It was pretty cold and humid, so we were pretty chilled most of the time. In fact, Peter lasted 30 minutes before he was so cold he couldn't handle it and Jonathan ran him to the car to warm up. David and I endured the cold.
David got to be the honored "Tap Holder".
I managed to take this picture right before my phone died from the cold.... And right before Peter just could no longer take the frigid temps. (We try to keep mittens on the kid, but he sucks those two fingers of his and refuses to leave them on.)
When we went into the sugar bush (a grove of maple trees) we found a tree that didn't have a tin bucket already tapped into place, then our guide drilled a small hole into the tree. Already sap poured from the tree! It was really quite easy! Then David hammered the tap into the hole and we all got a taste of little drops of sap. It is actually like water with a tiny bit of sugar added to it, nothing special. We learned that the American Indians used to drink the sap straight as an immunity booster before the spring weather set in.
Maple sap can only be collected during those few weeks before spring weather really starts. Night temperatures need to be below freezing with day temperatures getting up into the 40's consistently. This starts the trees sucking nutrients and sap up into their limbs in preparation for budding and sprouting leaves. After the tree gets buds you will not be able to get any more sap. We went right at the end of the season, so they were still collecting lots of sap but probably will not be able to collect anything much longer.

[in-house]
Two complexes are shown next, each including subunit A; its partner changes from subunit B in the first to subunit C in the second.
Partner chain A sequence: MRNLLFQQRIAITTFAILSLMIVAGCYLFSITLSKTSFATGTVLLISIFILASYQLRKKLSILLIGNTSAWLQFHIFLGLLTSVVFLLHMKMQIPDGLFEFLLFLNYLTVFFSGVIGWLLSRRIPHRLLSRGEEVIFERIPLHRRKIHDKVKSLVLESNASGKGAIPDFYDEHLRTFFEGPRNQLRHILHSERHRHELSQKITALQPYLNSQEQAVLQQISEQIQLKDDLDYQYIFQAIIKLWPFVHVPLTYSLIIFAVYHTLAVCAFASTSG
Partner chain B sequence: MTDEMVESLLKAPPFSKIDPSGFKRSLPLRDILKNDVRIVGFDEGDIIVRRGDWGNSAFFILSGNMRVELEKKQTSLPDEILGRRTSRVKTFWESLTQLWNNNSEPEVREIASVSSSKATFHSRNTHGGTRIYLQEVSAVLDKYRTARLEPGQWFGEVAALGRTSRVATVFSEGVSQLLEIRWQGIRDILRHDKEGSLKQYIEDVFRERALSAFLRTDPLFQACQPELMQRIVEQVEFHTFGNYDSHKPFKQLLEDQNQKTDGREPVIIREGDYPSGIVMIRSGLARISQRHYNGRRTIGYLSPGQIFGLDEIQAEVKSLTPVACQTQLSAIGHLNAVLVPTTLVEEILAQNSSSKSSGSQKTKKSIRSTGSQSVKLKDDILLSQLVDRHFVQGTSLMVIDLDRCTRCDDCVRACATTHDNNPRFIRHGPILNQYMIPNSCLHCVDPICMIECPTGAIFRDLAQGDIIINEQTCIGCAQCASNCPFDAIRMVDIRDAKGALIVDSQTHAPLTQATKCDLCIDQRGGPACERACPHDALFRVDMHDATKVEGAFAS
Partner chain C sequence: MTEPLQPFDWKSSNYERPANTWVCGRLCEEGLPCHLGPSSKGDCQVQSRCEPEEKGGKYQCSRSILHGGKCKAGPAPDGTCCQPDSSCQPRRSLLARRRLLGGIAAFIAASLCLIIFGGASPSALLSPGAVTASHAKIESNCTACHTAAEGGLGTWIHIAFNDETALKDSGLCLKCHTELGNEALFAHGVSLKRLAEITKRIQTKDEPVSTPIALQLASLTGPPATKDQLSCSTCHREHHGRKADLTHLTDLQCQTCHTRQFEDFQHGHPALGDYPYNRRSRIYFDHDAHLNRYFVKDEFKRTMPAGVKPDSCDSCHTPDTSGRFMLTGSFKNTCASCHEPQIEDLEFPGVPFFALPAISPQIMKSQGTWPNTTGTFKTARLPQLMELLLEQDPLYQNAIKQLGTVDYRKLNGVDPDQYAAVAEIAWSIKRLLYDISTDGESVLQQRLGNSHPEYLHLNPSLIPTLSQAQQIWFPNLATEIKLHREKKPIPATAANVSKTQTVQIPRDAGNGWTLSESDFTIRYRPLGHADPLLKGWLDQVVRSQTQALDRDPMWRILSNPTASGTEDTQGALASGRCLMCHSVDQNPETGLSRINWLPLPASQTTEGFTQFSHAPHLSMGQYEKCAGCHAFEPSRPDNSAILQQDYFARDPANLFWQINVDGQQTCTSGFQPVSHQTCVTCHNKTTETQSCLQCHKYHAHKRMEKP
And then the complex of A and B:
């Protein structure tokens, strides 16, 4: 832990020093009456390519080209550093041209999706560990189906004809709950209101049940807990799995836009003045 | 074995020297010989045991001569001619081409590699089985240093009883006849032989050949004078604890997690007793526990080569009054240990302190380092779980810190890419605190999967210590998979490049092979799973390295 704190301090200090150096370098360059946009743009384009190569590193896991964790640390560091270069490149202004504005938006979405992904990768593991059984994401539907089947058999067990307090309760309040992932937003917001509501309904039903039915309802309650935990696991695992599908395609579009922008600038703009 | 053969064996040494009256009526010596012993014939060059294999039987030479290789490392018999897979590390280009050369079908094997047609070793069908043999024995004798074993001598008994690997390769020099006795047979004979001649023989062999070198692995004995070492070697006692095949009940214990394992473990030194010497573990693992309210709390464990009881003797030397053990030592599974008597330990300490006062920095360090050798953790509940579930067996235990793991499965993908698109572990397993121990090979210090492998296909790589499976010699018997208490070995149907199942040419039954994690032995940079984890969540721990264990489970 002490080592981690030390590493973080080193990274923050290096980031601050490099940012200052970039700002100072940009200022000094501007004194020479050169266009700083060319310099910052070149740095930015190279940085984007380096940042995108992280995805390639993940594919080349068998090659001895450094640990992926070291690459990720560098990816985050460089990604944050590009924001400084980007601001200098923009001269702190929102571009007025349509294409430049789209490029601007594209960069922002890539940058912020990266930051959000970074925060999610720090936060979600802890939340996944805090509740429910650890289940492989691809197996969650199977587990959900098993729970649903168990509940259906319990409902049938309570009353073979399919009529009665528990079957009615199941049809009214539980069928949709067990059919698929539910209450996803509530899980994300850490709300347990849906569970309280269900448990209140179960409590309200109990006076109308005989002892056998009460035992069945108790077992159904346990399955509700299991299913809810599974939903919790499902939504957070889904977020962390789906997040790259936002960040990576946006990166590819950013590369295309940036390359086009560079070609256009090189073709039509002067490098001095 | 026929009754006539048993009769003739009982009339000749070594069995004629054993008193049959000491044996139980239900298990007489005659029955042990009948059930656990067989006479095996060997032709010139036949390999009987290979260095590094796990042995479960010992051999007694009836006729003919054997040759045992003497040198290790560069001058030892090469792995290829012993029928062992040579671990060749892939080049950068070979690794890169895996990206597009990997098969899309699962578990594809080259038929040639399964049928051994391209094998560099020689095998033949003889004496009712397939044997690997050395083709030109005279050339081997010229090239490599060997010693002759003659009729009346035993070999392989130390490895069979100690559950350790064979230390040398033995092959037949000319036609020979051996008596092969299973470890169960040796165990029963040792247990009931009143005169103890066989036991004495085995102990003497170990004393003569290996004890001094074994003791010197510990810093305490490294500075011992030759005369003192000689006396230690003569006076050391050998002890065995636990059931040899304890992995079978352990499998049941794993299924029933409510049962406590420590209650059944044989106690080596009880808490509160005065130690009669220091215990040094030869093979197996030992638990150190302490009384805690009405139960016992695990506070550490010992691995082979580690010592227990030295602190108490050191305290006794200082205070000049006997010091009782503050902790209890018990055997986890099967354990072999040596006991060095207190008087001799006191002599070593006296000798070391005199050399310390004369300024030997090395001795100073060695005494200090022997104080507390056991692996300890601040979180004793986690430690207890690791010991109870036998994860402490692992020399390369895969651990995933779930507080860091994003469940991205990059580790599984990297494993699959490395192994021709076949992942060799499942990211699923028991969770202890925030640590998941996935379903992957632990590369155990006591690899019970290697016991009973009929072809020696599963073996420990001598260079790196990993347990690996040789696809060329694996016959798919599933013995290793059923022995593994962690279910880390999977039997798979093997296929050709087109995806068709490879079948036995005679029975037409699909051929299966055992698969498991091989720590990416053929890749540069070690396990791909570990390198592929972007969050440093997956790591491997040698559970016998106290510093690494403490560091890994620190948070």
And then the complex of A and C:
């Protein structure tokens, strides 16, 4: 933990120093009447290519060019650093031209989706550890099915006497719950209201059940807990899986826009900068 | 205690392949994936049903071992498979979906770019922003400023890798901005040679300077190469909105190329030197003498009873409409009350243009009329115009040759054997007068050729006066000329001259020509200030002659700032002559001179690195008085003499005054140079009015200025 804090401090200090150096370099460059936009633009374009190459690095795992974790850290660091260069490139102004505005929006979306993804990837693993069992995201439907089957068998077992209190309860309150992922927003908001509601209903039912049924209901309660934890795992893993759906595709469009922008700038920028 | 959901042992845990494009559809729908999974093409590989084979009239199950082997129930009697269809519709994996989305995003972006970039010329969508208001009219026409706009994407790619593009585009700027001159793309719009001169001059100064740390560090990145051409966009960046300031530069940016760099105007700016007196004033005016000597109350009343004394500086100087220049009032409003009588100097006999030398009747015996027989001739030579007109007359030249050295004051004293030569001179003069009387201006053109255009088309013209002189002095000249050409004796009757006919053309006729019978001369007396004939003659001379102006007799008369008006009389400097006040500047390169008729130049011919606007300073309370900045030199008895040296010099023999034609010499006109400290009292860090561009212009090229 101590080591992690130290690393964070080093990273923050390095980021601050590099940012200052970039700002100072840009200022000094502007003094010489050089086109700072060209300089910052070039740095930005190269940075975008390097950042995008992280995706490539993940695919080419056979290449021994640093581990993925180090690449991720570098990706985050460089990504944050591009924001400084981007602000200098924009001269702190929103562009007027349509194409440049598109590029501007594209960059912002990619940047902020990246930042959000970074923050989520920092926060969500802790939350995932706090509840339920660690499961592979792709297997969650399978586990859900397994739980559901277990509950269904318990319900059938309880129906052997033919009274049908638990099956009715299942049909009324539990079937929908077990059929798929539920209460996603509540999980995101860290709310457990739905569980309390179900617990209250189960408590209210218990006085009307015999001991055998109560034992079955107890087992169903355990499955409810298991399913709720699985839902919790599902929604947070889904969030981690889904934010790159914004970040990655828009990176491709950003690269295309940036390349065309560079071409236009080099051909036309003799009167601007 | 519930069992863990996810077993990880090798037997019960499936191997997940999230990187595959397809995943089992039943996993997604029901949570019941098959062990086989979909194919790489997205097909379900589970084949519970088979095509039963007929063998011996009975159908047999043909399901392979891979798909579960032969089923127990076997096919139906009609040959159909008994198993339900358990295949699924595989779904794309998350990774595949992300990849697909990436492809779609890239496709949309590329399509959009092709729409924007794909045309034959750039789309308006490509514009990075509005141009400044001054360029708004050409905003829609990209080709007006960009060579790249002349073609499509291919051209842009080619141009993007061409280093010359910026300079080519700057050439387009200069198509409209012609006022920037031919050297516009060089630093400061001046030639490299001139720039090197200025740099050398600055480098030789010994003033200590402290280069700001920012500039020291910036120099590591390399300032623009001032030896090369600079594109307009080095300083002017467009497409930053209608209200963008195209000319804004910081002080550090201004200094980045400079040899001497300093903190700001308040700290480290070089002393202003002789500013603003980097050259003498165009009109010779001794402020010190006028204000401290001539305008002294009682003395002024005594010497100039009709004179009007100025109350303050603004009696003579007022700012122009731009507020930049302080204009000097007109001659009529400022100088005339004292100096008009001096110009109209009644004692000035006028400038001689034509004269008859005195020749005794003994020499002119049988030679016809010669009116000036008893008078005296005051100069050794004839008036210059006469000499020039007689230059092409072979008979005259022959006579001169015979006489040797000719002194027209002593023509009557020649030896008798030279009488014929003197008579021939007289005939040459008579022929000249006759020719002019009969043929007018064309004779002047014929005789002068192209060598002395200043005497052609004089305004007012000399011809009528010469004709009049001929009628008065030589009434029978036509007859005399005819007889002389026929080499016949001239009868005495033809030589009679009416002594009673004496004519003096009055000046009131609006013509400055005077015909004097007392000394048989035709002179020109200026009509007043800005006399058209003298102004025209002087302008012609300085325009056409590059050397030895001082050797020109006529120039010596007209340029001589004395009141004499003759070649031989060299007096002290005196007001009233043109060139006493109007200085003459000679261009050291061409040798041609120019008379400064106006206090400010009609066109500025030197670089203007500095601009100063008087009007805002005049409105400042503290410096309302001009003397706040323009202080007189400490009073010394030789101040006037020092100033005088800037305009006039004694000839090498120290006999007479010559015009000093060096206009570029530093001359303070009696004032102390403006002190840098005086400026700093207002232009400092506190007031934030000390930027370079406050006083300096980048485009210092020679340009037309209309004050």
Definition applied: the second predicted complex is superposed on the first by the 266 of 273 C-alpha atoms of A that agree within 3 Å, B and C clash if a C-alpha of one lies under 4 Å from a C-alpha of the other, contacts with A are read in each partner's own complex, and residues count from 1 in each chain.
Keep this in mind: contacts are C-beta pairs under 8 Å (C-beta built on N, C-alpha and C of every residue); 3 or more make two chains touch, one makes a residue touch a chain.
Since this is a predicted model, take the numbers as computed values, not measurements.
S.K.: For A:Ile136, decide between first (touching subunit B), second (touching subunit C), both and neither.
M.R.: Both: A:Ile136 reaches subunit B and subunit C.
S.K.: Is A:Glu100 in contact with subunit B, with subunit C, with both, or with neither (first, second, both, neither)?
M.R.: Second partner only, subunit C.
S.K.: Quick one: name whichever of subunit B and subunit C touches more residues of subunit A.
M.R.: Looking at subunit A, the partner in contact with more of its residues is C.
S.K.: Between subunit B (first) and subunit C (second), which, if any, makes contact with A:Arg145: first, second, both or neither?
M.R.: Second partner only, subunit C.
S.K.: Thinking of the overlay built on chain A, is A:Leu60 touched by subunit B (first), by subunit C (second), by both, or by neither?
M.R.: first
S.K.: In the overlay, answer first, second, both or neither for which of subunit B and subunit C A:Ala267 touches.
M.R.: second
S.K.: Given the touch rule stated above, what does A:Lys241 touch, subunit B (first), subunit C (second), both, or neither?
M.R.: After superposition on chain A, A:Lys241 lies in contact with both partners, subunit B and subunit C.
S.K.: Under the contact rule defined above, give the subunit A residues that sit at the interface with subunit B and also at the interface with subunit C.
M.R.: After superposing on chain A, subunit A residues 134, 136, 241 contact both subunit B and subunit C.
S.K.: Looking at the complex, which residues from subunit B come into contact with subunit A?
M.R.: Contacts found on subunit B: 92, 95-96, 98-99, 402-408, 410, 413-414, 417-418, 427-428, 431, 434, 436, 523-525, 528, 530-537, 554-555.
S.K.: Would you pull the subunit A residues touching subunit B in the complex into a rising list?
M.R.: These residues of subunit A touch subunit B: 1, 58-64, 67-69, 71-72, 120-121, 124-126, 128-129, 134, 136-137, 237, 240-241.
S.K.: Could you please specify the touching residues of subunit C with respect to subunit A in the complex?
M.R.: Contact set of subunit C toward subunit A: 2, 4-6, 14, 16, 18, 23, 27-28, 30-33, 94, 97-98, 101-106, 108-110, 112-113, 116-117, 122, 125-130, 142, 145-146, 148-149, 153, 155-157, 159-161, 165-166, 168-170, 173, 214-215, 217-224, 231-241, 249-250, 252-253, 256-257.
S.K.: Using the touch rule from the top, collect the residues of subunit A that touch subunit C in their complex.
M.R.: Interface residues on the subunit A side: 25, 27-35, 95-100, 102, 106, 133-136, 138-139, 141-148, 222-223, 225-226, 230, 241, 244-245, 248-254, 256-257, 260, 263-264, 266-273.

After tapping our tree we walked around checking under the tin-tents that are set on top of the sap pails. David found a very full one, one that had been overlooked during the collection that morning. It was as clear as water. I'm not sure why I was so surprised.
Then we paid a visit to the sugar shack where we saw how they boiled down their sap into the syrup. It takes 40 gallons of sap to make 1 gallon of syrup. In a good season a single tree will produce 10 gallons... Now I understand why maple syrup is so dang expensive!
After that David and I went and watched a demonstration on how the American Indians boiled down syrup and made maple sugar cakes. Turns out that the process of making syrup and sugar that we currently used was developed by the Indians and the colonials modified the process of extraction with their European system. It was a fascinating trip!
After we stopped by their barns and saw sheep and lambs, goats and kids, pigs and piglets, mules, cows, and chickens. Peter had never seen such creatures! He was most impressed with the piglets and chickens. And piglets have very dry, rubbery noses that feel like silly putty. For some reason I always imagined pigs as having wet noses...
With next week being spring break I believe we'll make a trek back to Kensington to see the animals again. A sow was set to have her piglets this week some time. Even smaller piglets than the ones we saw would be fun to see. :)